PERRY, Box Elder County — The coronavirus is turning many of the nation’s agricultural producers into insomniacs.

They are losing sleep over worries that they won’t get their migrant workers back in the fields, farms or orchards.

The hours of darkness stretch on over the grim reality that the biggest market for their products — the food service industry — is in lockdown, and even when it comes back, which no one knows when that will happen, the damage will have been done.

That market of shuttered schools, restaurants banned from in-house dining, university cafeterias, cruise ships, hotels and more makes up 42% of U.S. food demand, while exports — also banned — comprise around 25%.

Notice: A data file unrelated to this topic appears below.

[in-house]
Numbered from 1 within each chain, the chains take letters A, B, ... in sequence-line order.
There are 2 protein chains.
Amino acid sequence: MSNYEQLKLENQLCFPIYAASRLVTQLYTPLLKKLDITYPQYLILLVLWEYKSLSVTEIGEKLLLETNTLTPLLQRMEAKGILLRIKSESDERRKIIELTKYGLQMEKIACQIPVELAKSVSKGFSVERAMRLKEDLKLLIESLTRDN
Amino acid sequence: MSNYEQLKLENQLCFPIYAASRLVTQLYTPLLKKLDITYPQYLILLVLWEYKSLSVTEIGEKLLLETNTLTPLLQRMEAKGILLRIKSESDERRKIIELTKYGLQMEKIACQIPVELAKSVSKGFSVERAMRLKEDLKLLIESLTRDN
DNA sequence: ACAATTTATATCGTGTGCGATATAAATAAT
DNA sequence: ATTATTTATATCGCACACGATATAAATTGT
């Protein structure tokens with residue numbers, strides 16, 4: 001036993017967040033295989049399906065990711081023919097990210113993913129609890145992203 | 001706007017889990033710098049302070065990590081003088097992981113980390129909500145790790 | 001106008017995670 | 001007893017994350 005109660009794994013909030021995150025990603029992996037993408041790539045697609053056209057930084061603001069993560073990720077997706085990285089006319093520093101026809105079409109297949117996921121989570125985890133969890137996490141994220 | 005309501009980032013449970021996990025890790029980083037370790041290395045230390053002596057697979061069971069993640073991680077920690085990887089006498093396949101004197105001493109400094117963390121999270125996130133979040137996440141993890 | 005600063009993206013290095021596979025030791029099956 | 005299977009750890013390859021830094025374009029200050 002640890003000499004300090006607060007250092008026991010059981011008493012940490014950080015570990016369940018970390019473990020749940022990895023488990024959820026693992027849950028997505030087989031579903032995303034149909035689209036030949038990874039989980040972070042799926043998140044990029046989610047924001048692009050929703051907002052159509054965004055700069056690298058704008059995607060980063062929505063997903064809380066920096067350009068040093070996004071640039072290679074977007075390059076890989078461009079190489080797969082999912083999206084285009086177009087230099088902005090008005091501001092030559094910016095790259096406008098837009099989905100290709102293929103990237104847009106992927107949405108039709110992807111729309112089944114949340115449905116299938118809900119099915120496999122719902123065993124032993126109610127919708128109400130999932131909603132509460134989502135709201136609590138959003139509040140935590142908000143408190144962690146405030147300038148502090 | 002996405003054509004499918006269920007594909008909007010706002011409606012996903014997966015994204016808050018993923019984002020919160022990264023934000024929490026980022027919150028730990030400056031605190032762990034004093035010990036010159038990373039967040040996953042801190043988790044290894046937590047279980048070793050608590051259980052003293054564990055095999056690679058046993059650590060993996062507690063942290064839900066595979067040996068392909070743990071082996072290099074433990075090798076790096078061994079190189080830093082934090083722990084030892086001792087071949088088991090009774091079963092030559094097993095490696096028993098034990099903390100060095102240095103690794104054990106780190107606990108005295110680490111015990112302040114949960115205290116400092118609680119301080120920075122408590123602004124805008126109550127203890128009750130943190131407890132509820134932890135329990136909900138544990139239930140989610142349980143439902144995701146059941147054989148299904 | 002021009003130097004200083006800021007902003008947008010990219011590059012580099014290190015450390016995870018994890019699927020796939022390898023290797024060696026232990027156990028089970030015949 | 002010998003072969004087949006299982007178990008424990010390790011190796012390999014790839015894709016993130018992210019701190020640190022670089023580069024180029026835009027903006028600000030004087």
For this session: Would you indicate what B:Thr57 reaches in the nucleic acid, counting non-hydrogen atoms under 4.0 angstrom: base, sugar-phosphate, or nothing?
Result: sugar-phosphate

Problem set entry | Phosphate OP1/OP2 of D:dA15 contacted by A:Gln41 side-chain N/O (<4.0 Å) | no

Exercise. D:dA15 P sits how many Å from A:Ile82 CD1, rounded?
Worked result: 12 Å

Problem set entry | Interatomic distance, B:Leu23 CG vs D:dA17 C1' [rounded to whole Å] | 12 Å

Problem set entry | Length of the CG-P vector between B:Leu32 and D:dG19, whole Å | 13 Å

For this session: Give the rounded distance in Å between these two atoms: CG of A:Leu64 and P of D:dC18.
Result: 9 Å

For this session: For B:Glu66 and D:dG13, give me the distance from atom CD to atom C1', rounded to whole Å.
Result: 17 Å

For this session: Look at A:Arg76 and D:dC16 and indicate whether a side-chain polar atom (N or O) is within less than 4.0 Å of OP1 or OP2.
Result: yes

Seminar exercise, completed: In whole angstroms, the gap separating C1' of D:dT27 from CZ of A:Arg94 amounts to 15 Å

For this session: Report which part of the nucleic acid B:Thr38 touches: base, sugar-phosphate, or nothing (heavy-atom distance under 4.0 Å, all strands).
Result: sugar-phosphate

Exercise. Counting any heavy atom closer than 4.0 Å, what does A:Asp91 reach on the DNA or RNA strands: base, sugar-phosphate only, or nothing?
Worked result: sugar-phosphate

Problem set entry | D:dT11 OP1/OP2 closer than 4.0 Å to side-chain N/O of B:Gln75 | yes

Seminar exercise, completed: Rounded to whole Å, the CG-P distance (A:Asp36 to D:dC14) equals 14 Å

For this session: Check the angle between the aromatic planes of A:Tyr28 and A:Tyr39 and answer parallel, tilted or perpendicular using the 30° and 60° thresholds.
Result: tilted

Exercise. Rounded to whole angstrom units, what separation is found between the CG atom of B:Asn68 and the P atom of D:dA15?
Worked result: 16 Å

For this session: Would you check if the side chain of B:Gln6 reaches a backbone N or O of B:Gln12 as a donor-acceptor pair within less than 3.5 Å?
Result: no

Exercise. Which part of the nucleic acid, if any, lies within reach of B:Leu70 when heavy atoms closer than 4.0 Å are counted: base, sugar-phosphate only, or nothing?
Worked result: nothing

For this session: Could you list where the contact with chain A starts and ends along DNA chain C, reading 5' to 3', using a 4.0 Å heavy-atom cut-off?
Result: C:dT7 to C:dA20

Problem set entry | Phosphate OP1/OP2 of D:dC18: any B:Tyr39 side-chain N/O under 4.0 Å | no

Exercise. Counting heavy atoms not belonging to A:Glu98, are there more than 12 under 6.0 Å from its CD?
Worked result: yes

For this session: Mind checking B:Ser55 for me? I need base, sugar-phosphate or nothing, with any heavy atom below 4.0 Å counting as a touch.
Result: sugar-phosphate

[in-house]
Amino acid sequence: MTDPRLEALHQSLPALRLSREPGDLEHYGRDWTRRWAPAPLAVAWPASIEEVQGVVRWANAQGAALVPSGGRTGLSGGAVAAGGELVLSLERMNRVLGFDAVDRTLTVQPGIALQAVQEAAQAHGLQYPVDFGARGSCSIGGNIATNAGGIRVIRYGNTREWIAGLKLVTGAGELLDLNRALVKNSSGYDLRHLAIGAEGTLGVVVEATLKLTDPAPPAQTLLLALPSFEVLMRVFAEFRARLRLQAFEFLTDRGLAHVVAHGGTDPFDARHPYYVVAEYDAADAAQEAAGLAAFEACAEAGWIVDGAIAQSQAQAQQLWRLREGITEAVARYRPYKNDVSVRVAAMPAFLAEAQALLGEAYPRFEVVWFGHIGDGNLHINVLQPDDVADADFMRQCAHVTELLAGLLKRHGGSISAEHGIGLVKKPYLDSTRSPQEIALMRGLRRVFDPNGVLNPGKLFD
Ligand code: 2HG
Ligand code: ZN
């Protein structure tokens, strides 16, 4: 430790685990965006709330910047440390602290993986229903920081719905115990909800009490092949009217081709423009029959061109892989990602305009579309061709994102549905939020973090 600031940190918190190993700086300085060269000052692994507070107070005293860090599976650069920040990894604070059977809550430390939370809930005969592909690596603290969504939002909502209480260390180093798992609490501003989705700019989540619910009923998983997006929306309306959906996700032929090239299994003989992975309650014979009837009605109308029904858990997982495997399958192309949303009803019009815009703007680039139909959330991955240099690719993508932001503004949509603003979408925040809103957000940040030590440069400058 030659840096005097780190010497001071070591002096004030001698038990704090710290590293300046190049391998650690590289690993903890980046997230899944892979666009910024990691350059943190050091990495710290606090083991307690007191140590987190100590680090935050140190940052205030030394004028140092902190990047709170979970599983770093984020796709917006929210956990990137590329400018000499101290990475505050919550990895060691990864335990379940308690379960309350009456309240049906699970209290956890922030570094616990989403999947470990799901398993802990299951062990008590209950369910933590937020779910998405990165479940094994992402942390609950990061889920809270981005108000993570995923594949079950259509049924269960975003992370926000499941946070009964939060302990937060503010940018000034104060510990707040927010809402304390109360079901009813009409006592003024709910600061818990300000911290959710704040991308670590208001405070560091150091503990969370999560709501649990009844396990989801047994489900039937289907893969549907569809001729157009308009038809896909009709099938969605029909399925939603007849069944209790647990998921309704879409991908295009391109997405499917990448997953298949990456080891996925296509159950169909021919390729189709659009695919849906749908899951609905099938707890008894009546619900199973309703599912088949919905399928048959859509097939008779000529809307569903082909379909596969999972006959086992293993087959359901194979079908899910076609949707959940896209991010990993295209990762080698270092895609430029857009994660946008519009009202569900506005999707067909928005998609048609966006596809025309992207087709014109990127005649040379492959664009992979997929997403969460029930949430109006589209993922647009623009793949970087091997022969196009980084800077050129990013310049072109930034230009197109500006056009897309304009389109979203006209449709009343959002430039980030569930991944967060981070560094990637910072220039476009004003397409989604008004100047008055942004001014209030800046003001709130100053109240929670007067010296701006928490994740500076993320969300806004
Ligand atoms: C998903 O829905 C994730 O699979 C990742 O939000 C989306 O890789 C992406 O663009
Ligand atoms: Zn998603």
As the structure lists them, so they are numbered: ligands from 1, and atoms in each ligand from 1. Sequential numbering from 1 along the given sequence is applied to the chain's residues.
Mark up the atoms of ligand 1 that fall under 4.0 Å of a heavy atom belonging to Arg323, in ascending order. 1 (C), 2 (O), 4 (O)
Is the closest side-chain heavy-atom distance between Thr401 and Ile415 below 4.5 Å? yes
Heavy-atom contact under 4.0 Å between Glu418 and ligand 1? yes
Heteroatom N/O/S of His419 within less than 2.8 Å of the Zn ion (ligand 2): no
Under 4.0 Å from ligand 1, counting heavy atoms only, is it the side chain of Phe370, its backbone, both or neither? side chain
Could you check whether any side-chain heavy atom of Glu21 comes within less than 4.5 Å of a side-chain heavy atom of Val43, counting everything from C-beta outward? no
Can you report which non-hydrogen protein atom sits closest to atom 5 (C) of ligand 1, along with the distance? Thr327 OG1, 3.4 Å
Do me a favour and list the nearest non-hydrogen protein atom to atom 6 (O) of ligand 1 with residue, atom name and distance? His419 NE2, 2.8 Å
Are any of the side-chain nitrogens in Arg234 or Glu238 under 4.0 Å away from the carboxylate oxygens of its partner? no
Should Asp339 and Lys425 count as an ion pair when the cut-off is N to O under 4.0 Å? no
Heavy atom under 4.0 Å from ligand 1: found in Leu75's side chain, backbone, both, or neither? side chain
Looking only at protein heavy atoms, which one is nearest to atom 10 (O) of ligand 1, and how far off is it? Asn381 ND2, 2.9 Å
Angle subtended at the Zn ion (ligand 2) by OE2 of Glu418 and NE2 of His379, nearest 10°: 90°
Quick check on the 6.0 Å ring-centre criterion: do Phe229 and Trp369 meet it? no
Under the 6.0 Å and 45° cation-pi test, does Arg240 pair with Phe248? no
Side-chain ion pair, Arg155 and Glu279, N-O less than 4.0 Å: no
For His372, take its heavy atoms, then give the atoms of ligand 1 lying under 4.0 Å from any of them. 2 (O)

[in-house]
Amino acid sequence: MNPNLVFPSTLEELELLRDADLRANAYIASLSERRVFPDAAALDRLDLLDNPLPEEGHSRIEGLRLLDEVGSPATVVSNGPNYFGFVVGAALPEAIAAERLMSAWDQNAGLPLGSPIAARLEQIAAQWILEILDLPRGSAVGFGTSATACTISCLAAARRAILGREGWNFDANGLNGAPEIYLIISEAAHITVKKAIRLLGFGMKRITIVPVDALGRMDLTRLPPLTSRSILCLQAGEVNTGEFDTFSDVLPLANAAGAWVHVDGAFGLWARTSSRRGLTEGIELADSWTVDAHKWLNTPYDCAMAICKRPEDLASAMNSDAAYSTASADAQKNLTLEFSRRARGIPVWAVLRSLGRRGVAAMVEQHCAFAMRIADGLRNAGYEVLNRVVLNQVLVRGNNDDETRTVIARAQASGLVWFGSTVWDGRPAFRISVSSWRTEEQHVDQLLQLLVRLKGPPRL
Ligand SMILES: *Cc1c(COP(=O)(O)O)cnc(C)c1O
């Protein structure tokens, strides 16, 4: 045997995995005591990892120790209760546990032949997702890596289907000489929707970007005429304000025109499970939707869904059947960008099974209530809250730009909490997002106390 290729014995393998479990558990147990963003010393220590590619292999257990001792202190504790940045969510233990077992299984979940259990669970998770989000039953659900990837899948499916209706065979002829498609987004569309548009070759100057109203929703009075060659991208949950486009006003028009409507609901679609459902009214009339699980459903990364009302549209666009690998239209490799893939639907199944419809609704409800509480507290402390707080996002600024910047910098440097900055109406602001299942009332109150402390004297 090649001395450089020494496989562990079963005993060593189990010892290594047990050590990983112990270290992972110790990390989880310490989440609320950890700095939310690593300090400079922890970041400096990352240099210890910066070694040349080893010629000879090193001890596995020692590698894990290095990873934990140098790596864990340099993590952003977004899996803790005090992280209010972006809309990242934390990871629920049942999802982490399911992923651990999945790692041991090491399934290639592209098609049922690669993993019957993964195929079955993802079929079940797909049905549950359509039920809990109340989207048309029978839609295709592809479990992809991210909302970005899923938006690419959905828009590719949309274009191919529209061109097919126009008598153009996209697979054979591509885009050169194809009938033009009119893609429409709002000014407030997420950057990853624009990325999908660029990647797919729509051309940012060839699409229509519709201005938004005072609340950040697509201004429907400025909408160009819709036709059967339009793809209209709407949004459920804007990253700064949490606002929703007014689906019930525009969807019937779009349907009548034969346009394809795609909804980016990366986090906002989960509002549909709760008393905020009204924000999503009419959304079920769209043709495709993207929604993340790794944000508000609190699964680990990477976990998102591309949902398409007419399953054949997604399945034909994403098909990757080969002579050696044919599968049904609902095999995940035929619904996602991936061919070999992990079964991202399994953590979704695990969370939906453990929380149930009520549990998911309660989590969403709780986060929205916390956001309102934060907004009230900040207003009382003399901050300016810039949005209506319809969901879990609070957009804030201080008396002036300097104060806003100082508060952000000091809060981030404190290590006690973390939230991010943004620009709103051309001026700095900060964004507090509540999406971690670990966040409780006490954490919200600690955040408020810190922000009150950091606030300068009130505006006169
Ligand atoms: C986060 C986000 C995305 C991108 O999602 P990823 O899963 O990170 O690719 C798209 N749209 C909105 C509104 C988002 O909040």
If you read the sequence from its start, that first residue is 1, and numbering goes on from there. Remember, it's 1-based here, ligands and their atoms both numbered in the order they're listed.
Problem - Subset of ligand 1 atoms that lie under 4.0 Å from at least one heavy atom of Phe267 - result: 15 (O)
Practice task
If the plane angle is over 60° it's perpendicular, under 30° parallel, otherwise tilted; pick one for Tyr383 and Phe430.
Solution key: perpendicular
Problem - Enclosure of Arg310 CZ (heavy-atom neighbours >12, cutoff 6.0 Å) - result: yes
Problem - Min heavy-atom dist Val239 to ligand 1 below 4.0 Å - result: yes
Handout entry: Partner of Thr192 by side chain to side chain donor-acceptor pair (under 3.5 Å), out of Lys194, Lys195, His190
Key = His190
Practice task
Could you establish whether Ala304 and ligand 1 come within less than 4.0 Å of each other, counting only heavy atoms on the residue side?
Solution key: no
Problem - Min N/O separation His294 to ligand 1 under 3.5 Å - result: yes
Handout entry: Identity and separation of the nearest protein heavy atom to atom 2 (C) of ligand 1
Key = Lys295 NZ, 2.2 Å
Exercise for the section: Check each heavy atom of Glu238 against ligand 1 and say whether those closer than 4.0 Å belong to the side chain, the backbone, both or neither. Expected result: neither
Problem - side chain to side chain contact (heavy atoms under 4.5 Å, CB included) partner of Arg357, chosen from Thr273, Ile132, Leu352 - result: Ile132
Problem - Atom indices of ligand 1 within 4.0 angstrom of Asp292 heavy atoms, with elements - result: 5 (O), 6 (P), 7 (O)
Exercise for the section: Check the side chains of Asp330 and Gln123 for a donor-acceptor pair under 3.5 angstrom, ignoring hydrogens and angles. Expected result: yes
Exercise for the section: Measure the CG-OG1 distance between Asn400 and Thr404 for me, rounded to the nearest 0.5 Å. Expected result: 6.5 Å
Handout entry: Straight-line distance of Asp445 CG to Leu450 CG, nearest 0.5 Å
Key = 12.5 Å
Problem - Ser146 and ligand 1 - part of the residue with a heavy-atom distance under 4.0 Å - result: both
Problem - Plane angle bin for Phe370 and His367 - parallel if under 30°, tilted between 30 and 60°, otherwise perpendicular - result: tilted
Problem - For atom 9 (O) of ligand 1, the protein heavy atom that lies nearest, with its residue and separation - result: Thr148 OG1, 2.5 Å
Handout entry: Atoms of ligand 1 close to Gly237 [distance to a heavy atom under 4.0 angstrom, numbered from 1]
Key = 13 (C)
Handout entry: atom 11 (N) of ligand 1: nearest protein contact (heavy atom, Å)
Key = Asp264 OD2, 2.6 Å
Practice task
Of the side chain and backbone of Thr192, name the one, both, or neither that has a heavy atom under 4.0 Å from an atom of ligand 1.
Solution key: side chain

“There is no way in heck to make this up fast,” said Ron Gibson, president of the Utah Farm Bureau. “The pure reality is we are going to lose farmers, those farmers who are not in the position to weather this storm. ... That is what keeps me up at night. It is driving me crazy. I cannot sleep.”

In states around the country, dairy operators are dumping their milk — including in Utah.

“We are seeing the milk go to the ground because there is nowhere else for the milk to go,” Gibson said. “We are seeing that with beef, lamb, poultry and fresh vegetables being harvested in California.”

When the coronavirus first hit, there was a rush on stores to buy products. Now stores are limiting purchases to keep items on the shelves, which is good to prevent hoarding but it is further choking producers.